Making buses self-driving at depots sounds like a great first application.

Volvo Buses demonstrated autonomous driving of an electric bus at a bus depot, which happens to be the first such demo at at real depot, used by bus operator Keolis, outside of Gothenburg, Sweden.

The Swedish manufacturer notes that it will take years to make buses self-driving on public roads but depots are a fairly simple application for autonomous driving as the environment is known, with predictable and repetitive traffic flows.

Having an option of autonomous driving, bus operators would be able to order buses to park, drive to the wash or charging station, all by itself.

It's expected that bus operators will be able to purchase such systems within 5-10 years.

"During the demonstration, the fully-electric 12 m autonomous bus successfully drove itself between the parking bay and several workstations including cleaning, servicing and electric charging, before parking itself in the correct bay – all while carrying passengers."

Håkan Agnevall, President of Volvo Buses said:

“This marks a very important step in our autonomous journey as we now have successfully shown the commercial benefits an autonomous solution can deliver in a bus depot. Autonomous buses in depots bring new benefits such as more efficient traffic flows, higher productivity, less damages and improved safety. The industry-common charging interface OppChargeTM is ideally suited for autonomous charging, eliminating the need to connect power cables to the bus in the depot."

Volvo autonomous bus in the depot
Volvo autonomous bus in the depot
Hide press releaseShow press release

Volvo Buses demonstrates electric autonomous solution for bus depot

11/13/19

For the first time, Volvo Buses shows the significant potential of autonomous buses in depot. The live demonstration, one of the world’s first for a 12 m electric and autonomous bus at a bus depot, represents an important milestone in Volvo Buses’ autonomous journey towards safer, cleaner and more efficient public transport.

The demonstration, held together with bus operator Keolis, took place at Keolis’ bus depot just outside of Gothenburg, Sweden. During the demonstration, the fully-electric 12 m autonomous bus successfully drove itself between the parking bay and several workstations including cleaning, servicing and electric charging, before parking itself in the correct bay – all while carrying passengers.

“This marks a very important step in our autonomous journey as we now have successfully shown the commercial benefits an autonomous solution can deliver in a bus depot,” says Håkan Agnevall, President of Volvo Buses. “Autonomous buses in depots bring new benefits such as more efficient traffic flows, higher productivity, less damages and improved safety. The industry-common charging interface OppChargeTM is ideally suited for autonomous charging, eliminating the need to connect power cables to the bus in the depot."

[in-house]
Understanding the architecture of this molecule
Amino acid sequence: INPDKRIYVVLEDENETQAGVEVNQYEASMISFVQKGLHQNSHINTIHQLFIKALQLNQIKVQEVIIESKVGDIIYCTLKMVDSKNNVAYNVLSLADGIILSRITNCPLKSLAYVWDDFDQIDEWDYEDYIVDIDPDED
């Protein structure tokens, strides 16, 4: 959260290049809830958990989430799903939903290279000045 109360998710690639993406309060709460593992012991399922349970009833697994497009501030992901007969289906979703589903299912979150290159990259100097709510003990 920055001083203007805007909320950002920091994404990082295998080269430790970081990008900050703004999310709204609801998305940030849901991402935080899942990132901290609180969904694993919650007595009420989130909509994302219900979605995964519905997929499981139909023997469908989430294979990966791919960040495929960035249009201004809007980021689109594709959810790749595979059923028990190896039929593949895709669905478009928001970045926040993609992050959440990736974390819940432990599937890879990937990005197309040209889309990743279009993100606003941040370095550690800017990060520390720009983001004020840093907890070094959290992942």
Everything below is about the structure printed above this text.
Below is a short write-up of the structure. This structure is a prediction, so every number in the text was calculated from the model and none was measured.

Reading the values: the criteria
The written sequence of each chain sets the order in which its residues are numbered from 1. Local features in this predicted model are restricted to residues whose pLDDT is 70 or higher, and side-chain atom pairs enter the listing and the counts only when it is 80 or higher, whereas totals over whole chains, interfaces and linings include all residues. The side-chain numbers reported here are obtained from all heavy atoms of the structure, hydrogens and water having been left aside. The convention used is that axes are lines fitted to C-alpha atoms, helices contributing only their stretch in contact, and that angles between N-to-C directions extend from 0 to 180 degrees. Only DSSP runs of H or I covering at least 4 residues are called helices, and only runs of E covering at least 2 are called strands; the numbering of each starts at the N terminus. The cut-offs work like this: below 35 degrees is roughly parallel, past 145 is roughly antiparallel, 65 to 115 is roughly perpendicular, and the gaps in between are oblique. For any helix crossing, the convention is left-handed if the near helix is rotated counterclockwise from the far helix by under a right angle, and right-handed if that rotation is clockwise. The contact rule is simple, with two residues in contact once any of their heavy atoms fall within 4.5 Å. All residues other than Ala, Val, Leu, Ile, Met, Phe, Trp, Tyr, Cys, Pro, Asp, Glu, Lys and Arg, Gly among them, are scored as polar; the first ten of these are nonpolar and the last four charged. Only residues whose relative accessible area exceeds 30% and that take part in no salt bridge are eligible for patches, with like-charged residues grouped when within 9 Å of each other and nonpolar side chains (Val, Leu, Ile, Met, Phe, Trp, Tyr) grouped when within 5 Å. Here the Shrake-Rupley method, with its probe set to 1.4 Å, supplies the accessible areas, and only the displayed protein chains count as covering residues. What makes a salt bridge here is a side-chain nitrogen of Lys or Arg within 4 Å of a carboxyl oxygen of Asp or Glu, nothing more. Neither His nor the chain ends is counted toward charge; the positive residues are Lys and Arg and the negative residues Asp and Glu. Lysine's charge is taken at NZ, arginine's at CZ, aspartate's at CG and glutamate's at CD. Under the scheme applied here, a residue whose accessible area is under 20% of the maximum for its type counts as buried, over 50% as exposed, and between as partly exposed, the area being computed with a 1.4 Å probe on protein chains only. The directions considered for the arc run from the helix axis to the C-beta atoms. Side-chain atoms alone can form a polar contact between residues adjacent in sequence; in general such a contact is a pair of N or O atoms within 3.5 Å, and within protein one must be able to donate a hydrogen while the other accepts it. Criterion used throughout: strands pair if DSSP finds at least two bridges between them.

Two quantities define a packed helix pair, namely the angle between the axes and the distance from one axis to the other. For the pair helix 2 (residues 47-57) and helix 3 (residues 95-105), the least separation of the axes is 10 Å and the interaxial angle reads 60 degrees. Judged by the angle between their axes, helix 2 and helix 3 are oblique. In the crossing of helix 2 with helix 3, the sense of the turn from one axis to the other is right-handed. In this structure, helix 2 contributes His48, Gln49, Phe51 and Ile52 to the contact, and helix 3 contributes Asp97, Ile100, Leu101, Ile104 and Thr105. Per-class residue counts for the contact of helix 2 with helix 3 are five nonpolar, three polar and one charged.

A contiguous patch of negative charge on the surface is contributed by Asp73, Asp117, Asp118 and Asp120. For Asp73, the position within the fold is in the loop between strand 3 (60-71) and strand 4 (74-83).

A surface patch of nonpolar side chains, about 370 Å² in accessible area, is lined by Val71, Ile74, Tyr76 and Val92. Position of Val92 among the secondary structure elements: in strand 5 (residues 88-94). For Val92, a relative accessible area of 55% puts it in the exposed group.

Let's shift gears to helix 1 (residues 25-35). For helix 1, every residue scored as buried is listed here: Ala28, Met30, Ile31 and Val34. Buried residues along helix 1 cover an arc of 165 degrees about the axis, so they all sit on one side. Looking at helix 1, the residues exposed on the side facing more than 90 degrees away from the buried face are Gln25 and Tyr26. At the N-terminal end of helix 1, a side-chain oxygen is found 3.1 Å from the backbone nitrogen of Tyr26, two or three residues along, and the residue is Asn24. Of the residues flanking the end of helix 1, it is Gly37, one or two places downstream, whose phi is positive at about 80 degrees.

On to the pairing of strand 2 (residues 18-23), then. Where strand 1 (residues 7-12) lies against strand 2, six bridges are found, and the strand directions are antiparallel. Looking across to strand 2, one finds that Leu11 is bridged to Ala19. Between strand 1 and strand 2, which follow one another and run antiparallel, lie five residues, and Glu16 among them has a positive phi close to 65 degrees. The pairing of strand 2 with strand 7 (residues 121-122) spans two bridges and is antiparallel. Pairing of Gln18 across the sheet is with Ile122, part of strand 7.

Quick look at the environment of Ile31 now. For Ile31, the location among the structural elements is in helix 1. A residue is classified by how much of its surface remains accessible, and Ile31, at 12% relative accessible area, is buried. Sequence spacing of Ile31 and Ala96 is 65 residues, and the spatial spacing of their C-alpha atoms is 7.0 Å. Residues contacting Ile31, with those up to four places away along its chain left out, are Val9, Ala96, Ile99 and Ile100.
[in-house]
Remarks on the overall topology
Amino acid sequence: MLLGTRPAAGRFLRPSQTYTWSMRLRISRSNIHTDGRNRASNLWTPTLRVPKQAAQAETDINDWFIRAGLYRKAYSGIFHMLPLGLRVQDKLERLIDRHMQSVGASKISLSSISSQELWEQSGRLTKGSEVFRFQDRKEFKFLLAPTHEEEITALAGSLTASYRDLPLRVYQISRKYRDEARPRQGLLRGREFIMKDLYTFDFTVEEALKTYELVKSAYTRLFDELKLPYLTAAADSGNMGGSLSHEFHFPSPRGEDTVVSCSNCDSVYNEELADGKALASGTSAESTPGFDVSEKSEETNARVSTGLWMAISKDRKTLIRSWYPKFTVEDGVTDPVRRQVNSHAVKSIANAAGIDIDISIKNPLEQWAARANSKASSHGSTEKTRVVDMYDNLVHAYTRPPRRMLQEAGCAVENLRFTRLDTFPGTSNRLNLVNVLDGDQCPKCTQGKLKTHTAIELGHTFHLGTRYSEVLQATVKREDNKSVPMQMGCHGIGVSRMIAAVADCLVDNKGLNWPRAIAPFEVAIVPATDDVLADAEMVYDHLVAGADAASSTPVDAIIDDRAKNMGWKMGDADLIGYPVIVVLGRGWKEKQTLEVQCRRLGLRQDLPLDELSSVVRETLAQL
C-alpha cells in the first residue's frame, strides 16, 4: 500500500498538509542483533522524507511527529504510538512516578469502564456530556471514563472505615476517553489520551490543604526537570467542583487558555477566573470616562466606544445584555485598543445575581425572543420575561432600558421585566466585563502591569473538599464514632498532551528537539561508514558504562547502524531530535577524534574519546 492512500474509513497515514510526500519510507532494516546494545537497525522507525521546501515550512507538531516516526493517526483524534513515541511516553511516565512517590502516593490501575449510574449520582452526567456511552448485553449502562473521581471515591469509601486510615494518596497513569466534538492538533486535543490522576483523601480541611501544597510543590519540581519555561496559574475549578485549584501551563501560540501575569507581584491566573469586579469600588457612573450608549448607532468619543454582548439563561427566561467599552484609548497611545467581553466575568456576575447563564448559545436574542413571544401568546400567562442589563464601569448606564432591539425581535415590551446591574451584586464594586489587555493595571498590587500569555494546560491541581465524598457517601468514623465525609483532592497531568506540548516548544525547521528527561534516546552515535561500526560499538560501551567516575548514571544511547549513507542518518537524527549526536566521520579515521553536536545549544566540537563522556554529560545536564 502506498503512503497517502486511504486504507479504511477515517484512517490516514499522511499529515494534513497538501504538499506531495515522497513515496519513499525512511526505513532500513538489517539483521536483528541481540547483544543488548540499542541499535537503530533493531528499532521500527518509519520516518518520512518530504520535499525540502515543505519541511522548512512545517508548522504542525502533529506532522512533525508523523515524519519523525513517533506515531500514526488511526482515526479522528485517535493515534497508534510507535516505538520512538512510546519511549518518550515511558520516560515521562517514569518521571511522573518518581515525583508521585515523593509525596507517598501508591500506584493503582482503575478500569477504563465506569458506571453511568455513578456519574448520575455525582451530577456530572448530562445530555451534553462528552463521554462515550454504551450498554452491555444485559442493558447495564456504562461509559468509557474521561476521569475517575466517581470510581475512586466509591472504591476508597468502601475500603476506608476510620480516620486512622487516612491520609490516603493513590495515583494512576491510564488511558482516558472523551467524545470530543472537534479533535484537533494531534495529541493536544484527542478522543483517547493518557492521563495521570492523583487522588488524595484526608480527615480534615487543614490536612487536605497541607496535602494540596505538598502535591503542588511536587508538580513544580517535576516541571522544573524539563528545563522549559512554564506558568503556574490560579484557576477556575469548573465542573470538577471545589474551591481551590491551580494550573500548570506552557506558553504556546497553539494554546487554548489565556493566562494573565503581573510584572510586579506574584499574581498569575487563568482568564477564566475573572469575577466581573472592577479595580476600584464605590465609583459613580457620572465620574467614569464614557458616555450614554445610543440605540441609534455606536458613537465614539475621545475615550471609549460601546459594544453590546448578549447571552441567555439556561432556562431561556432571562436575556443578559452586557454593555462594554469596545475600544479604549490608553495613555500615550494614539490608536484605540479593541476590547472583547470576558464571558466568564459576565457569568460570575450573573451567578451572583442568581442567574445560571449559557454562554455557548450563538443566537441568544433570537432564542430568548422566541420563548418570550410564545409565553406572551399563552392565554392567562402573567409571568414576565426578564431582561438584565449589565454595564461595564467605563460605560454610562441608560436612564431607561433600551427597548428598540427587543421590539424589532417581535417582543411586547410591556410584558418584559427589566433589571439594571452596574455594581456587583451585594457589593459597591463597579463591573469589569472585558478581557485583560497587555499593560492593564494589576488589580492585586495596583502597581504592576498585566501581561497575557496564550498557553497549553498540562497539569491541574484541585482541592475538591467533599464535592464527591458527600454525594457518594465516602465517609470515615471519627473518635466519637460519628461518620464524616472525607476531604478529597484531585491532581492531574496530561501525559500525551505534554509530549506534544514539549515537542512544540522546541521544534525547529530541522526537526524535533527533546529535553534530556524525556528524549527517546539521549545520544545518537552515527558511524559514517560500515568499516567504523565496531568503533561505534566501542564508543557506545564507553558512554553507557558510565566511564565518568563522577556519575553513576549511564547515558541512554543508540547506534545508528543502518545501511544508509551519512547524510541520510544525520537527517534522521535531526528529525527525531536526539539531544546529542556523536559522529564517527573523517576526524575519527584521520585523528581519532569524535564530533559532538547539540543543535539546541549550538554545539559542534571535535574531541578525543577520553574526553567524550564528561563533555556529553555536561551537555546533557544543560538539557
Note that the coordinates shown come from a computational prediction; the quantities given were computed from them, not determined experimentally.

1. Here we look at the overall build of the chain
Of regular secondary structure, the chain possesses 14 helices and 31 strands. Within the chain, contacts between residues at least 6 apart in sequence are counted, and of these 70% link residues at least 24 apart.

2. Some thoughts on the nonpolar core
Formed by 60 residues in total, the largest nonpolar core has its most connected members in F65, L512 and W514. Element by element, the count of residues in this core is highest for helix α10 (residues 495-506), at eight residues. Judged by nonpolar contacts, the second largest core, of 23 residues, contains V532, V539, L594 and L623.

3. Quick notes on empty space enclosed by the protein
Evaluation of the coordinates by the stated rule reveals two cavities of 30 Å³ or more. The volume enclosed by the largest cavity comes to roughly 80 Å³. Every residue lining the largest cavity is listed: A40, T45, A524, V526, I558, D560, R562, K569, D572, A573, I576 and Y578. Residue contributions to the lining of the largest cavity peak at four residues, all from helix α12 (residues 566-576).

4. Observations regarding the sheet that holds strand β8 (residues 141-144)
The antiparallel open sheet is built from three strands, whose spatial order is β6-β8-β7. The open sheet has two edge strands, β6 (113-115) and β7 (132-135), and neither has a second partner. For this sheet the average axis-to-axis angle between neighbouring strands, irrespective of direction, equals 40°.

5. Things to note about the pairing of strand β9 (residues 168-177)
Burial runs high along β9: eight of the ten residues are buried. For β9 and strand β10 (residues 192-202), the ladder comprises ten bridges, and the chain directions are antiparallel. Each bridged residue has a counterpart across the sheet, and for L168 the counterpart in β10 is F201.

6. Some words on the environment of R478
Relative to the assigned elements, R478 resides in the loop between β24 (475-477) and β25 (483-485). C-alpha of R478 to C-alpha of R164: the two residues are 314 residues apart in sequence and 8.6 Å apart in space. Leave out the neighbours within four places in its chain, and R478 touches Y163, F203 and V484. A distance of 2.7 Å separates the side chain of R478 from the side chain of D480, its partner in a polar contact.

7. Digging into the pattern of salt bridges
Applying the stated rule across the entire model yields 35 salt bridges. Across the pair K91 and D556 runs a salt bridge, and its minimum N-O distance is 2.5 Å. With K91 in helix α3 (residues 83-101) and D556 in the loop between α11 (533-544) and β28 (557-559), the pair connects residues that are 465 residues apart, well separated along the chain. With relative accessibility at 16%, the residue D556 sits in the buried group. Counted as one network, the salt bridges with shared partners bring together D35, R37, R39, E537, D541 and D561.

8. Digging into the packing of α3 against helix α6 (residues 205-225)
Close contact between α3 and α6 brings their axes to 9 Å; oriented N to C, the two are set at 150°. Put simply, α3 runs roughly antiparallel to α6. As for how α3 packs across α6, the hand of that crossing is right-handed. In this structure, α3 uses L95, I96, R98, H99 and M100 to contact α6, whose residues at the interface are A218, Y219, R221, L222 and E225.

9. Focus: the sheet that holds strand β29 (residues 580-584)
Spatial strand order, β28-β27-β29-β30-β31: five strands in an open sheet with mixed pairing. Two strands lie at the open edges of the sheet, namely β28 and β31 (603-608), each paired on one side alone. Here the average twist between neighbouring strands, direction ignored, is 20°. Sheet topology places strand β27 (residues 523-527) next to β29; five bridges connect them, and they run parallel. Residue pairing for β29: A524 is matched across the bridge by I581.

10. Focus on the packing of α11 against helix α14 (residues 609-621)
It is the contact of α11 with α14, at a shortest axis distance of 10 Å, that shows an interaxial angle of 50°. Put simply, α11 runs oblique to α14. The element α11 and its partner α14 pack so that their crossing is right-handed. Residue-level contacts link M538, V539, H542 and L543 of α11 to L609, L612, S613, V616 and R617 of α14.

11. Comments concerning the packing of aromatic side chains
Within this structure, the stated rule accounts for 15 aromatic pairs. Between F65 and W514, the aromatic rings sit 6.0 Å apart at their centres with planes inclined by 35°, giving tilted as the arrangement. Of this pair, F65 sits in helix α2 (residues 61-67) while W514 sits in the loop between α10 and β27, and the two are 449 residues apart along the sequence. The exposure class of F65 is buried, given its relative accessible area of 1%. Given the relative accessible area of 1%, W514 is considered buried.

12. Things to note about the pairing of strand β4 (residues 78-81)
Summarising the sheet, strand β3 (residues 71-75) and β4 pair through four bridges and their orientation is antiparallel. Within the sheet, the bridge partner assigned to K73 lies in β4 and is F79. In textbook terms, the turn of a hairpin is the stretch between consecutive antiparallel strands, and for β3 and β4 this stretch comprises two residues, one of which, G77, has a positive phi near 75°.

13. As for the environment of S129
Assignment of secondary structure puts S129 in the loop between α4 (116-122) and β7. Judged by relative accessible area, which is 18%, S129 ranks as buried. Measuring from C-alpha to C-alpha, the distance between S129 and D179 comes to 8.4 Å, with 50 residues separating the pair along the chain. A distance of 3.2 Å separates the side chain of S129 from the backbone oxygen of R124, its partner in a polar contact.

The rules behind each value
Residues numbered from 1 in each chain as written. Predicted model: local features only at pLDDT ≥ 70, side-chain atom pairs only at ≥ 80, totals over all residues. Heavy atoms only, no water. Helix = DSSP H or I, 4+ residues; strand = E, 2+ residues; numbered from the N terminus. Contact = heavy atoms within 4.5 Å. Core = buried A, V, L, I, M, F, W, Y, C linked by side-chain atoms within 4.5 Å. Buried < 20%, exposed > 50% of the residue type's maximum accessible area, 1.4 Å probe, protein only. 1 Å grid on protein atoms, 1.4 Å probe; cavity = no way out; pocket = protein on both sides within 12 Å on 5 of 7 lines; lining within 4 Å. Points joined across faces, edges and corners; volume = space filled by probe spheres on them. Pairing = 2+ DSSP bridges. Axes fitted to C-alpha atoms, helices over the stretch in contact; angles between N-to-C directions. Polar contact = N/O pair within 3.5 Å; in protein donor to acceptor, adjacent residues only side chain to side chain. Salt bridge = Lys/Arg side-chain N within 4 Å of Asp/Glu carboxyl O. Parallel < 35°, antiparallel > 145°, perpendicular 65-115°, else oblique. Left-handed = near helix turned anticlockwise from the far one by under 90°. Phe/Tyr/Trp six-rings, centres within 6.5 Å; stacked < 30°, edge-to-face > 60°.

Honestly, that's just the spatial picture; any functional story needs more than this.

“The new mobility technology will be more common in 5-10 years. Bringing the new technology into today’s depot business and developing it will not only speed up development, it will improve our performance, ensuring that our passengers benefit over the coming years,” says Jan Kilström, CEO at Keolis in Sweden.

ABB, who also participated in the demonstration, sees opportunities for the future.

“ABB is fully committed to building a zero emission future and sustainable public transportation is a vital part of this. We have the products and the solutions to deliver electricity from generation to the point of consumption in a safe, smart and sustainable way. ABB’s high-power electric bus chargers with automated rooftop connection enable the efficient charging of autonomous buses, and we look forward to the future of this transport innovation together with Volvo Buses”, says Mats Peterson, Local Business Manager for ABB Electrification in Sweden.

The event was just the latest in a number of successful demonstrations of autonomous buses carried out by Volvo Buses in recent years. This demonstration was one of the first to take place in a real bus depot – one of the areas that Volvo Buses believes offers the greatest potential for automation.

“We are still many years away from seeing fully-autonomous buses on public roads, but since bus depots are confined areas with predictable and repetitive traffic flows, we see autonomous buses being used there much sooner,” says Håkan Agnevall. “Working together with Keolis has given us this unique opportunity to test an autonomous bus in real conditions and will help us drive the development of autonomous solutions forward.”

Volvo Buses is at the forefront of the development of autonomous buses. In ten years, an additional one billion people will most likely be living on the planet, most of whom will live in cities. This will create even greater demands on public transport, infrastructure and urban planning, which in turn needs to be managed in an even more sustainable and efficient way.

Volvo Buses believes that part of the answer will be connected, autonomous and electric buses. Together with partners, Volvo Buses pioneers sustainable public transport solutions to meet these challenges.